Rockabilly artist Johnny Powers' story is one of the more intriguing the genre has to offer. Born John Leon Joseph Pavlik in 1938 in East Detroit, MI, he was the oldest of five children. The family later moved to the small town of Utica, MI, north of Detroit, where he was raised. Pavlik was exposed to music from an early age by members of his father's family, which included several amateur and semi-professional musicians who played weddings and local dances. It was country music, however, that first drew Pavlik into music on a personal level; he discovered Lonnie Baron, a veteran country singer with a show on local radio and would listen and try to play along with a guitar that he'd bought for $2.50 from a neighbor. He later got some helpful instruction from Marvin Maynard, a professional musician who lived in Utica. In 1954, at age 16, Pavlik joined Jimmy Williams and the Drifters, a local country band that played at a local venue called Bill's Barn and got a featured radio spot on a radio station out of Marine City, MI. He also played on one single cut by the band, but it wasn't long before rock & roll attracted Pavlik. It was Jack Scott's single, "Baby She's Gone," that drew him into rock & roll.
Courtesy of Jimmy Williams' brother Russ, Pavlik discovered Elvis Presley when he was still a Memphis-based phenomenon, and his current single was "Milk Cow Blues Boogie," which really interested him, as a country song with a rock & roll beat. Soon he was adding the beat to his own country songs, and in 1957, Johnny Powers, as he was now known, got an audition with Fortune Records in Detroit. He paid $100 for his own session to record a pair of songs, "Honey, Let's Go to a Rock and Roll Show" b/w "Your Love" on the Hi-Q label. A black deejay named Ernie Durham played his record on WJLB, and Johnny Powers was one of the few white artists who would play the record hops that Durham sponsored. He later put together a band, Johnny Powers & His Rockets, with his friend Marvin Maynard on bass, Clark Locker on the drums, and Stan Getz on guitar. Powers jumped to the Fox label in 1958, getting a pair of regional hits with "Rock Rock" and "Long Blond Hair." The group got steady work cutting demos, some of which have surfaced as bootleg releases in recent years. Among his strongest work from this period were a pair of originals, "Mama Rock" and "Indeed I Do," cut for Leedon. On both, he sounds like the young, wild Elvis Presley that just arrived at RCA, and the group sings uncannily like the Jordanaires on the latter track.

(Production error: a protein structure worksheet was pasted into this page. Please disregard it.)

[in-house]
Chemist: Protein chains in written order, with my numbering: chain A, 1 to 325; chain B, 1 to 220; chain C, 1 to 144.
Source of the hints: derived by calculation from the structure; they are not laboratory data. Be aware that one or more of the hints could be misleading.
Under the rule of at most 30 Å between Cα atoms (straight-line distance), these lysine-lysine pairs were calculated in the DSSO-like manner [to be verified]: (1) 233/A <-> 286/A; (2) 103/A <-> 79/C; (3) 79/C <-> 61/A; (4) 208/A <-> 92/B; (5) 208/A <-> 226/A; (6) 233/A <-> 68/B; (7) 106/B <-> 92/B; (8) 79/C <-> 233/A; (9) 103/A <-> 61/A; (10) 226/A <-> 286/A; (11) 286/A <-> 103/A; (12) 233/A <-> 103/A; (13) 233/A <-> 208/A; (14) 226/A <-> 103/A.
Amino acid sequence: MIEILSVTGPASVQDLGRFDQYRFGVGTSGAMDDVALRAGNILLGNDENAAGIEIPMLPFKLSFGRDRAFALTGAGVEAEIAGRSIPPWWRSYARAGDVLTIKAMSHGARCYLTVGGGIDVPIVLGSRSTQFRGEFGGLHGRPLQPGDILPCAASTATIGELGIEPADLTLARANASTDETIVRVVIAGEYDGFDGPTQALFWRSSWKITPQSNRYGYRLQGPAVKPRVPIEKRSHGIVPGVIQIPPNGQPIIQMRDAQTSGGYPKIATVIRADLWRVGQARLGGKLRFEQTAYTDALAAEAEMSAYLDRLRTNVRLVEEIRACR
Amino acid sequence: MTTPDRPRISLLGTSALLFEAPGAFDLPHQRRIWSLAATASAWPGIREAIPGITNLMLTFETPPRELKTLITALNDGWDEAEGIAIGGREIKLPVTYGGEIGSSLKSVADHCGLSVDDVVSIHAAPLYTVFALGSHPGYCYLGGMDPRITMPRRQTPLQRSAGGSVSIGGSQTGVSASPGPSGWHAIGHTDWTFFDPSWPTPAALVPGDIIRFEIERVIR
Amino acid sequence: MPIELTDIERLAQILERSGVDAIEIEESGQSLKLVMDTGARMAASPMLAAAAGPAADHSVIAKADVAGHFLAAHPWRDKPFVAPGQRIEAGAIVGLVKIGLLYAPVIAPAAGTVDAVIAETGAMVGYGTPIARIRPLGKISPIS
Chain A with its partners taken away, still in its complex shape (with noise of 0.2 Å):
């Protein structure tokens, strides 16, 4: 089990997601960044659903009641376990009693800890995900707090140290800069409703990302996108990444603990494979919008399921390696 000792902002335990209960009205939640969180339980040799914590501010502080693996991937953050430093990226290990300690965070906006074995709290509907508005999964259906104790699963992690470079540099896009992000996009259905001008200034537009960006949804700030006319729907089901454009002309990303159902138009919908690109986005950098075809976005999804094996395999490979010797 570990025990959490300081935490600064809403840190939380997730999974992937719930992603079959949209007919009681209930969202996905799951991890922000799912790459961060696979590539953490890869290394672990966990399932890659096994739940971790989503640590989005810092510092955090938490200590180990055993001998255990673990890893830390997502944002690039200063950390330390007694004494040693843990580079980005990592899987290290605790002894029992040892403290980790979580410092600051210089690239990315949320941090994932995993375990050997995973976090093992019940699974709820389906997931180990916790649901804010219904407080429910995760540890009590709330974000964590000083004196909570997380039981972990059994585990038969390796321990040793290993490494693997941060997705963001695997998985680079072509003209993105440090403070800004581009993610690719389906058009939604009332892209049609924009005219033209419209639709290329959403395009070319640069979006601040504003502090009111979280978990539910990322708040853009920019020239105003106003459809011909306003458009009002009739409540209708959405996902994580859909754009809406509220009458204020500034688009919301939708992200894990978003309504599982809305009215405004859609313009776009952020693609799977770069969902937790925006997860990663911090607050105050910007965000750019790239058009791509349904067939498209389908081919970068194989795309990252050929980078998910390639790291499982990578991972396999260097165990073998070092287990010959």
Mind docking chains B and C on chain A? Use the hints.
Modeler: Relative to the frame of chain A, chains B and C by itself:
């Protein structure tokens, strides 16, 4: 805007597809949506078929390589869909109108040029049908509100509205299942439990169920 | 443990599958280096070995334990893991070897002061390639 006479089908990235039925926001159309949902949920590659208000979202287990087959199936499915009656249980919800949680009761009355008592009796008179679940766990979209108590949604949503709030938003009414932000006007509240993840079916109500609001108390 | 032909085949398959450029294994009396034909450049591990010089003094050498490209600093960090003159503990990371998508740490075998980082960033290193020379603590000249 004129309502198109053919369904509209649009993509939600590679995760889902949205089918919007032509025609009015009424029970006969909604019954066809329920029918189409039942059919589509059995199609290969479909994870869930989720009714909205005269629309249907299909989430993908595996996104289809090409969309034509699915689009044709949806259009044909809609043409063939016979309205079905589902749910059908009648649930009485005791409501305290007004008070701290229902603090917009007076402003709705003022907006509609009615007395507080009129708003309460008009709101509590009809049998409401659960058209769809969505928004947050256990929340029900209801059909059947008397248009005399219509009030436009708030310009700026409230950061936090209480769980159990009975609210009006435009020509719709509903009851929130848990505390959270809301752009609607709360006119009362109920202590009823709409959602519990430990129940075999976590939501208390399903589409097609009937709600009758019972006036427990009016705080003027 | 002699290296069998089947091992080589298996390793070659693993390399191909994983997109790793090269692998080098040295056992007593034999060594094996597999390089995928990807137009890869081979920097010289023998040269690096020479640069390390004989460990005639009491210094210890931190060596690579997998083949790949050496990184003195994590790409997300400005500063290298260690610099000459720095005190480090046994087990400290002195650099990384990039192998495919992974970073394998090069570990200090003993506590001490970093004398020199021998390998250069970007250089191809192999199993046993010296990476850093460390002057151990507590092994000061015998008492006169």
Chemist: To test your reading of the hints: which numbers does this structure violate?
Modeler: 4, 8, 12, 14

Things began to happen faster for Johnny Powers when his manager, Tommy Moers, got him a contract with Sun Records in 1959, heralded with the release of "With Your Love, With Your Kiss" b/w "Be Mine early that year. A second single followed, but Powers was dropped by Sun in 1960. He later became the first white artist signed to Motown Records, but with the passing of the '60s into the '70s, Power's career found him on the other side of the studio glass, producing hits with Tim Tam & the Turn-Ons' "Wait A Minute" and Jack Kittel's oddball country sickie "Psycho." Still active today, Johnny Powers is proof positive of rock's ability to produce a true survivor who also is a true believer in the strength that lies within the music itself. ~ Cub Koda & Bruce Eder, Rovi